FOR IMMEDIATE RELEASE
March 12, 2009
(Austin) — Senators Rodney Ellis (D-Houston), Eliot Shapleigh (D-El Paso), Leticia Van de Putte, Wendy Davis (D-Fort Worth), Mario Gallegos (D-Houston), Royce West (D-Dallas), Judith Zaffirini (D-Laredo) and Senator John Whitmire (D-Houston) today blasted Governor Rick Perry's callous decision to reject $555 million in aid to unemployed Texans offered by the Economic Recovery Act.
While Texas does not yet face double digit unemployment – like Michigan, California, Rhode Island and South Carolina – the economic forecast is not rosy. According to the Texas Comptroller of Public Accounts and the U.S. Federal Reserve, the Texas economy will lose between 180,000 to 300,000 jobs in 2009, and the unemployment rate is expected to rise from 6 to 8.2 percent.
"Governor Perry's decision to reject the $555 million in unemployment aid is simply deplorable," said Senator Ellis. "Texas families are hurting and are worried about how they are going to keep their homes and pay their bills. Today, Governor Perry told them: 'good luck with that.' If the Governor won't do his job, we'll have to go around him, and I am prepared to do just that."
"By October, more than 300,000 Texans will be out of work," said Senator Shapleigh. "Unemployment will be at 8 percent. To reject funds targeted to families in tough times is profoundly irresponsible. We will fight hard to get a Senate resolution passed to make sure Texas puts families back to work."
"Governor Perry's decision will harm Texas families," said Senator Van de Putte. "With 26,000 Texans filing new unemployment claims each week, Texans need help now. The unemployment fund is already running low and will reach zero by October 1st. Why would Governor Perry place the burden on already stressed employers to make up the shortfall? I am amazed that Governor Perry would put partisan interests above the interest of already unemployed Texans and those who will unfortunately lose their jobs due to this economy."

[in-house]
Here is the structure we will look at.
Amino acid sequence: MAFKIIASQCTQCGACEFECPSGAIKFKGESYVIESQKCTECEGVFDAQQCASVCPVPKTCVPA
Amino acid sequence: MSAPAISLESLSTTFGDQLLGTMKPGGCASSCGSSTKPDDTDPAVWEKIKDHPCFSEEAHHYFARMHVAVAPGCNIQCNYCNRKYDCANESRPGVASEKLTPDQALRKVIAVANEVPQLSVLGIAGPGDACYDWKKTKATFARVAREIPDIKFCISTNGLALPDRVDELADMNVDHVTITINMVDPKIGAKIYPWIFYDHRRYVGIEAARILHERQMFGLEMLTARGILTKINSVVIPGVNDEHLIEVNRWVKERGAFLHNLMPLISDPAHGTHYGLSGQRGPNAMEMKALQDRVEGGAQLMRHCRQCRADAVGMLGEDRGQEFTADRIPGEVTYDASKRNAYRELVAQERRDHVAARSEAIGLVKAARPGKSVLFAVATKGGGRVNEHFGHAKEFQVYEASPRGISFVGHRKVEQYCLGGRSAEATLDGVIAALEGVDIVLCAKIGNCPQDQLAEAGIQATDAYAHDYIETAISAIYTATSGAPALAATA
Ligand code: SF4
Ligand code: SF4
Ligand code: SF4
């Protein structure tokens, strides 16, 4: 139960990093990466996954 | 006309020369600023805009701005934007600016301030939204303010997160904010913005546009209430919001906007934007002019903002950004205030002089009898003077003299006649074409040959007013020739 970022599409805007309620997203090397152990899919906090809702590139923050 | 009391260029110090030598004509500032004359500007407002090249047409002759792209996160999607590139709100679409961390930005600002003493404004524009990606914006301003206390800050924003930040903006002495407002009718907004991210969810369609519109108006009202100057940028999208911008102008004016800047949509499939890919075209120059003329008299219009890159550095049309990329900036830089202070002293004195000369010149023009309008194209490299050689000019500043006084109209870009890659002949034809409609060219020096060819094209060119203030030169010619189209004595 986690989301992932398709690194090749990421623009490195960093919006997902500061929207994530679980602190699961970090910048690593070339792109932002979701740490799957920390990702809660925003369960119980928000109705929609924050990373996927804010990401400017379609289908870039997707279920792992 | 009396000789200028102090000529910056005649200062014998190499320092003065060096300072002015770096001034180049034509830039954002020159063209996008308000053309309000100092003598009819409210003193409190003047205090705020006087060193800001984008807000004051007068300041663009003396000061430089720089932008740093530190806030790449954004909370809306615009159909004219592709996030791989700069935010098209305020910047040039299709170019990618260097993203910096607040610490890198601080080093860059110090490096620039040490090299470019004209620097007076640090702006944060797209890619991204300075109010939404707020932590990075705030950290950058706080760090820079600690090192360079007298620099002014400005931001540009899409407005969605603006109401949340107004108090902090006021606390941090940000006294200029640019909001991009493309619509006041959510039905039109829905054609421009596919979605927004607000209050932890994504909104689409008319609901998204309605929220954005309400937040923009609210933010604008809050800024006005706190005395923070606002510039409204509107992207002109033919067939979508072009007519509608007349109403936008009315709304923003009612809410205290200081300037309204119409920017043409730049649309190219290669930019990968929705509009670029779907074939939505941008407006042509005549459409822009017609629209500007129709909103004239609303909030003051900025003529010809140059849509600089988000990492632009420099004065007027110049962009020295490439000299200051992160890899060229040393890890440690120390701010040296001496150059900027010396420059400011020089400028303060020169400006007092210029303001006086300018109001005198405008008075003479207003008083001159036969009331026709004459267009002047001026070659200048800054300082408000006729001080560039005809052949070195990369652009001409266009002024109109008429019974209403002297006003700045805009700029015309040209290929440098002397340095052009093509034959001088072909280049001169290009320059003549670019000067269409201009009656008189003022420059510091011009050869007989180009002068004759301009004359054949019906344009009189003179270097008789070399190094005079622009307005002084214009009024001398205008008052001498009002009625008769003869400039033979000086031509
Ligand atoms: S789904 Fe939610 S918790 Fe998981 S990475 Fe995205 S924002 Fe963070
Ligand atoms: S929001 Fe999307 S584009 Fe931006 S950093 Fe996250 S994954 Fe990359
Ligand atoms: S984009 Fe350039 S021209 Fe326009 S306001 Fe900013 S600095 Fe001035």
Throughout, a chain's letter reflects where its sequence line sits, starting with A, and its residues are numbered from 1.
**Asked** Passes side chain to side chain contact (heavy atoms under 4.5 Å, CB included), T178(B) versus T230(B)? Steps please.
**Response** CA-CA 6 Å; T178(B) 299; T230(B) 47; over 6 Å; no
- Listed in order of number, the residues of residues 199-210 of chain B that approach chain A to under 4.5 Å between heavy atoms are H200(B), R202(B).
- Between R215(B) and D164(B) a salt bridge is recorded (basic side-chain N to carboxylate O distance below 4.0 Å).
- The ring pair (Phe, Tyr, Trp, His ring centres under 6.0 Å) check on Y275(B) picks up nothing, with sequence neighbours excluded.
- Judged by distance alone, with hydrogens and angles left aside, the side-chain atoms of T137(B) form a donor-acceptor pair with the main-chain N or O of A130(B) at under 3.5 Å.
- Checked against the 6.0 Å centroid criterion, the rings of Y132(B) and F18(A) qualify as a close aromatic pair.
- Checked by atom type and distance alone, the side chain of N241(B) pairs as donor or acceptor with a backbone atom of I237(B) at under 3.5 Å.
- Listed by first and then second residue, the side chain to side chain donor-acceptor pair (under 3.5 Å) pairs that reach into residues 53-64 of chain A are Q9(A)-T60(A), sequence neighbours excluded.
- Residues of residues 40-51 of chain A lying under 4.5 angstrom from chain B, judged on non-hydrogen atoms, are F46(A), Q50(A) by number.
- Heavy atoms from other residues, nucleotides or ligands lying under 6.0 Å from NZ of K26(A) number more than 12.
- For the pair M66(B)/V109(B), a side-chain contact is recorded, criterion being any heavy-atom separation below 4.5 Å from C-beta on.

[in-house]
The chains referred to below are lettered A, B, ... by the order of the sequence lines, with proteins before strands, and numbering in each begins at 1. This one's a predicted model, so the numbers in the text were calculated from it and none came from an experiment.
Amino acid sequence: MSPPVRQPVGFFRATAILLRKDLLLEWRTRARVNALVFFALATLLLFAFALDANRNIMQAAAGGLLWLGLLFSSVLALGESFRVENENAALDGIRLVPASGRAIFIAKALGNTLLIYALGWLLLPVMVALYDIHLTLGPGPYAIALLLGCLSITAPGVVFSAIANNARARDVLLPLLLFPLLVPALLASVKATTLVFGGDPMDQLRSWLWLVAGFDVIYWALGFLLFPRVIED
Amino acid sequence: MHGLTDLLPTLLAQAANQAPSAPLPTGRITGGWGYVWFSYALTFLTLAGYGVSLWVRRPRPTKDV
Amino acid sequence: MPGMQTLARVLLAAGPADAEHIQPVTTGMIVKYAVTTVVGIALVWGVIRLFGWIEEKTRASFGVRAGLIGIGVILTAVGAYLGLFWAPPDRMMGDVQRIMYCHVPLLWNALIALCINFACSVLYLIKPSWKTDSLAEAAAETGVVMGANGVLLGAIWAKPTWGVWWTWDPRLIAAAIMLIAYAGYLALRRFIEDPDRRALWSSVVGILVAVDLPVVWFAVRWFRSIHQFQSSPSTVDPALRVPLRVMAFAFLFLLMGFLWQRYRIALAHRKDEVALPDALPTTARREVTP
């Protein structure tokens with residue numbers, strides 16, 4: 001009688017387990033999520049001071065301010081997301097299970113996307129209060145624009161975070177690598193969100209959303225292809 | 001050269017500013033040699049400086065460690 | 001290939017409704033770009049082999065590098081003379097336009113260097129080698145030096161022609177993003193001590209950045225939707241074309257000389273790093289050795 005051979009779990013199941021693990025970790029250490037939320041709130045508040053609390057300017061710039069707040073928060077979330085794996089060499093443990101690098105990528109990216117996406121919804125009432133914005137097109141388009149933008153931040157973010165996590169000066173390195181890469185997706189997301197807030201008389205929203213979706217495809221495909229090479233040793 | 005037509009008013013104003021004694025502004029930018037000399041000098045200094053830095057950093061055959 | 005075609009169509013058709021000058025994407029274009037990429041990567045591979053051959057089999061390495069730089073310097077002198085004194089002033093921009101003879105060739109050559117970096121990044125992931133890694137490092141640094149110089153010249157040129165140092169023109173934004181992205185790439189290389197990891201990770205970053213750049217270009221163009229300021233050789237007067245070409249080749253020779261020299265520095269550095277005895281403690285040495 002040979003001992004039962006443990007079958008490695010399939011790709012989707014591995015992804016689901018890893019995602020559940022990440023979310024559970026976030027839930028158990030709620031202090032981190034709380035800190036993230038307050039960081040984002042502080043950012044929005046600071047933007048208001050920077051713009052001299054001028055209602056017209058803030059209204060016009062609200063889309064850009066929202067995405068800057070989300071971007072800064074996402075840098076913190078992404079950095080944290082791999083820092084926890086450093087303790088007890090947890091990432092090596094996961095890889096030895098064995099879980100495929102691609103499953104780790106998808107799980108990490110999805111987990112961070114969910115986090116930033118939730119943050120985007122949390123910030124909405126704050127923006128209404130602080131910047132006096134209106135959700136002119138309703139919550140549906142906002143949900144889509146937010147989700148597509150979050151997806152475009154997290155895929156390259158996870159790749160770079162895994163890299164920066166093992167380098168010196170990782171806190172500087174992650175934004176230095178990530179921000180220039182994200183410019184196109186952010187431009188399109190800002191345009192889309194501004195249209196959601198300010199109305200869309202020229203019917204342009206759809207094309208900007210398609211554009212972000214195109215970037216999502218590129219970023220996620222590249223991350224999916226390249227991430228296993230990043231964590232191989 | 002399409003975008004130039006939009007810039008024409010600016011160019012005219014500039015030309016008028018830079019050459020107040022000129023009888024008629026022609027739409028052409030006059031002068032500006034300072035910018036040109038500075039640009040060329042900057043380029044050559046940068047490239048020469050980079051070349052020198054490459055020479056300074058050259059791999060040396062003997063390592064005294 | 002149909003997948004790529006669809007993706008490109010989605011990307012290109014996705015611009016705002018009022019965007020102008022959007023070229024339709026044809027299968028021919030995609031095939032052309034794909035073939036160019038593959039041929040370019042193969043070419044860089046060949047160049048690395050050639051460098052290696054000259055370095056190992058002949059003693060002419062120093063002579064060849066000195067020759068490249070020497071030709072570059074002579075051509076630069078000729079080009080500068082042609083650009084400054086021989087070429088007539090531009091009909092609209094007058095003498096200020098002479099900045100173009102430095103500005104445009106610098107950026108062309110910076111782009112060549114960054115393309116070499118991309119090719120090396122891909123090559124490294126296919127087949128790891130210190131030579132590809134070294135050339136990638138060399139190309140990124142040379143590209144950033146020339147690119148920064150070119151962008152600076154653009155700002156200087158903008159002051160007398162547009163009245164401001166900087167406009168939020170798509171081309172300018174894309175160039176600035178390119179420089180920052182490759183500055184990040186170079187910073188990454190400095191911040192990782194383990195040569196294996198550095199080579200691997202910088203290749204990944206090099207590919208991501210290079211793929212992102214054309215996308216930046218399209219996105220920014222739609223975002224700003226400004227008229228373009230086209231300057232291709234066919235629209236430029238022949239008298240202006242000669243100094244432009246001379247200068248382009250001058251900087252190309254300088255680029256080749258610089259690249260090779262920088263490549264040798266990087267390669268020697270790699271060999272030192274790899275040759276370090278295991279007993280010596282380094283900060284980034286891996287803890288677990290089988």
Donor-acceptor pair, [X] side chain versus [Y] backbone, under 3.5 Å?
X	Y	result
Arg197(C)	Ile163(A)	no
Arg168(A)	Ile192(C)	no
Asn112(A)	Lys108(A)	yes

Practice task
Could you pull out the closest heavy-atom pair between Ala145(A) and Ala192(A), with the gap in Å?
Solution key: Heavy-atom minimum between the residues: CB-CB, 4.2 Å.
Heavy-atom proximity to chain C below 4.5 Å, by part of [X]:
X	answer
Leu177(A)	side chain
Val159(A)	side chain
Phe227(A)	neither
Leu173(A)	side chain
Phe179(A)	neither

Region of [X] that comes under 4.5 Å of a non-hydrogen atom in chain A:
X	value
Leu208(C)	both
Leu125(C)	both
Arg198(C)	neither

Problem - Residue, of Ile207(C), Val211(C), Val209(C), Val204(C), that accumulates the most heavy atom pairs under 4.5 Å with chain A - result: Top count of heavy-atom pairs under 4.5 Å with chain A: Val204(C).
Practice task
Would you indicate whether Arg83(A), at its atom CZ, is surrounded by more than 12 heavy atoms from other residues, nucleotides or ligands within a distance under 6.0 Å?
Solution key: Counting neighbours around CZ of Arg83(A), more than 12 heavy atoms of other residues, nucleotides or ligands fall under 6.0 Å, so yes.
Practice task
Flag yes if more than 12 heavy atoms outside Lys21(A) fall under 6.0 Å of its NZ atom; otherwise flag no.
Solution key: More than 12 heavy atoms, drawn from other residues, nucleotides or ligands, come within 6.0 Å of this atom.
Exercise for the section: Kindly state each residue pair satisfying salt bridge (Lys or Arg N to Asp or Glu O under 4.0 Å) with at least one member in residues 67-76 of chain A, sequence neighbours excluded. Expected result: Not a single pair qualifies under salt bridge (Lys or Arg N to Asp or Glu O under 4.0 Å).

"After declaring his unconscionable decision today to turn away $555 million in unemployment relief meant for a rapidly increasing number of unemployed Texans, Governor Perry will be resting comfortably tonight in a home paid for by Texas taxpayers," said Senator Davis. "As he does, families throughout this State will be huddling at their kitchen tables, pouring through mounting unpaid bills and wondering how they are going to survive. Meanwhile, Texas businesses will be asked to clean up the mess as they face a tax levy that will be required to shore up the Texas unemployment insurance fund. The only interest insured through this action is the advancement of Governor Perry's own political agenda, achieved at great cost to the honest Texans whose agenda he was elected to represent."
"The decision by Governor Perry to reject this much needed funding was done without consideration of the numerous and steadily rising number of Texans who rely on these benefits to get them through these tough economic times," said Senator Gallegos. "I'm ashamed of the decision that has been made by the Governor, putting an extra burden on hard working Texans."